Here is a picture of my customized shaving horse. This is what I now use to make long tapered spindles, initially hand split oak from logs, for the backs of Windsor chairs. This particular shaving horse was made in the early 80’s when I really started to get into traditional woodworking using mostly hand tooks. Believe it or not, I made this shaving horse out of glued up wood recovered from oak pallets and a couple 2″ pine boards I purchased from a local lumber supplier. Initially, this shaving horse design was utilized by coopers to shape barrel staves, and I ended up using it to make Shaker ladderback chair parts. One of the limitations I experienced was that I had to always apply a very firm amount of foot pressure to secure the stock while I was using a drawknife and spokeshave.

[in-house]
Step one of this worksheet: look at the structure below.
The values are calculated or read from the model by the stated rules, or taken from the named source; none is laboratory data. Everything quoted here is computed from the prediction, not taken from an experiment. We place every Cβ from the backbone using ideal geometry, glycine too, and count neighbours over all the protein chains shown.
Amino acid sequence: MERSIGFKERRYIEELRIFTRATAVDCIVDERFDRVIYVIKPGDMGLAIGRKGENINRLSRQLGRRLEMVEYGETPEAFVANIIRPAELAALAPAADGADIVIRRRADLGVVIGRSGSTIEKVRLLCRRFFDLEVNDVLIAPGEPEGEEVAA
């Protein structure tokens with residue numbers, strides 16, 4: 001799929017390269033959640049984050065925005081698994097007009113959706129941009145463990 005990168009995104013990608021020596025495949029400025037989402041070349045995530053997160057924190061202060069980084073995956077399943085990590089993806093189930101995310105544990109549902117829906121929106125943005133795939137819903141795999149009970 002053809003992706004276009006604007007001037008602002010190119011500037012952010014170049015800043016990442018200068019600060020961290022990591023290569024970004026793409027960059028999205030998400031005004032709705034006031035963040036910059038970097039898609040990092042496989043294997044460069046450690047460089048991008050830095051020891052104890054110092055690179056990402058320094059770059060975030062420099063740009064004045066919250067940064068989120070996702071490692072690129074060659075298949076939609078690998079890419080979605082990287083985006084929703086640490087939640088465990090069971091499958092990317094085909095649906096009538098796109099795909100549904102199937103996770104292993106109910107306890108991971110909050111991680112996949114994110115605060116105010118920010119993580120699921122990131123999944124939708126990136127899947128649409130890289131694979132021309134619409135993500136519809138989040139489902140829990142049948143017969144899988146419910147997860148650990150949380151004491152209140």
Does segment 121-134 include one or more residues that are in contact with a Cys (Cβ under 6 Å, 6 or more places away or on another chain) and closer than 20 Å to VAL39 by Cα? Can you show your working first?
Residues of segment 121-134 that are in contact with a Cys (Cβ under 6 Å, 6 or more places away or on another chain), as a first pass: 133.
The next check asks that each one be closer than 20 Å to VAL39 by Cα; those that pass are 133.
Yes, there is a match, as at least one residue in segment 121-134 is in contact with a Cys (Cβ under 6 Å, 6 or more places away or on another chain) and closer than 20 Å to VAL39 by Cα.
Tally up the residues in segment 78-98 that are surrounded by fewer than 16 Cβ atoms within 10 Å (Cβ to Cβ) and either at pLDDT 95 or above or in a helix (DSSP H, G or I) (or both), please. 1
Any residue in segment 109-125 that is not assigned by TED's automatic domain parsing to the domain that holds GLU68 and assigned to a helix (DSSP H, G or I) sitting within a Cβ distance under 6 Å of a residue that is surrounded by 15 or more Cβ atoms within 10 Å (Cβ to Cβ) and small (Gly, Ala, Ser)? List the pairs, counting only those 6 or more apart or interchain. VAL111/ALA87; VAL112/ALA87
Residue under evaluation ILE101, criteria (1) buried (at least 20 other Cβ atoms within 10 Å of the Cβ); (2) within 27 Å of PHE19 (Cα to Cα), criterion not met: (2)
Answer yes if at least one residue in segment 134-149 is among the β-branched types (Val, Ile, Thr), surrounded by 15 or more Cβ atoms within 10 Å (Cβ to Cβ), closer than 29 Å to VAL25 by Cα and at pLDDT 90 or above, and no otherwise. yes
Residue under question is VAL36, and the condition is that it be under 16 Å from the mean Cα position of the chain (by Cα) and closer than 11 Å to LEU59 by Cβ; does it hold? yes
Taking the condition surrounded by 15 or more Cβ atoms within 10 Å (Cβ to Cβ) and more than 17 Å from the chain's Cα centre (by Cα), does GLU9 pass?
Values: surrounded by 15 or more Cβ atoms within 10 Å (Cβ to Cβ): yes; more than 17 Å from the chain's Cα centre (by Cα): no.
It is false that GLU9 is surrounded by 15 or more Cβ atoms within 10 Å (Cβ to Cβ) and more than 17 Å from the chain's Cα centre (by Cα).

After making Windsor chairs for the last several years, I finally realized the need for enhanced holding capability in this shaving horse. It was either that or make another one. Since I don’t have room for more than one shaving horse, I opted to modify this one. An article in Fine Woodworking Magazine, #139, featured a shaving horse designed by chair maker Brian Boggs, it helped me see how this could be done. So I borrowed some design concepts from Brian Boggs. I modified the clamping head by removing the top member which was held originally together with a thru mortise and tenon joint. I replaced the original top member with a 2-1/2″ diameter cylinder with 7/8″ round tenon ends. The round tenons extend all the way through the side arms and this allows the top member, which is now covered with rawhide, to turn and provide fresh clamping surfaces. The pressure I now apply between the rough rawhide covered top clamping member and the rawhide covered grooved platform should provide a much better grip when I am using the drawknife and the spokeshave to work chair spindles.
Thanks for looking!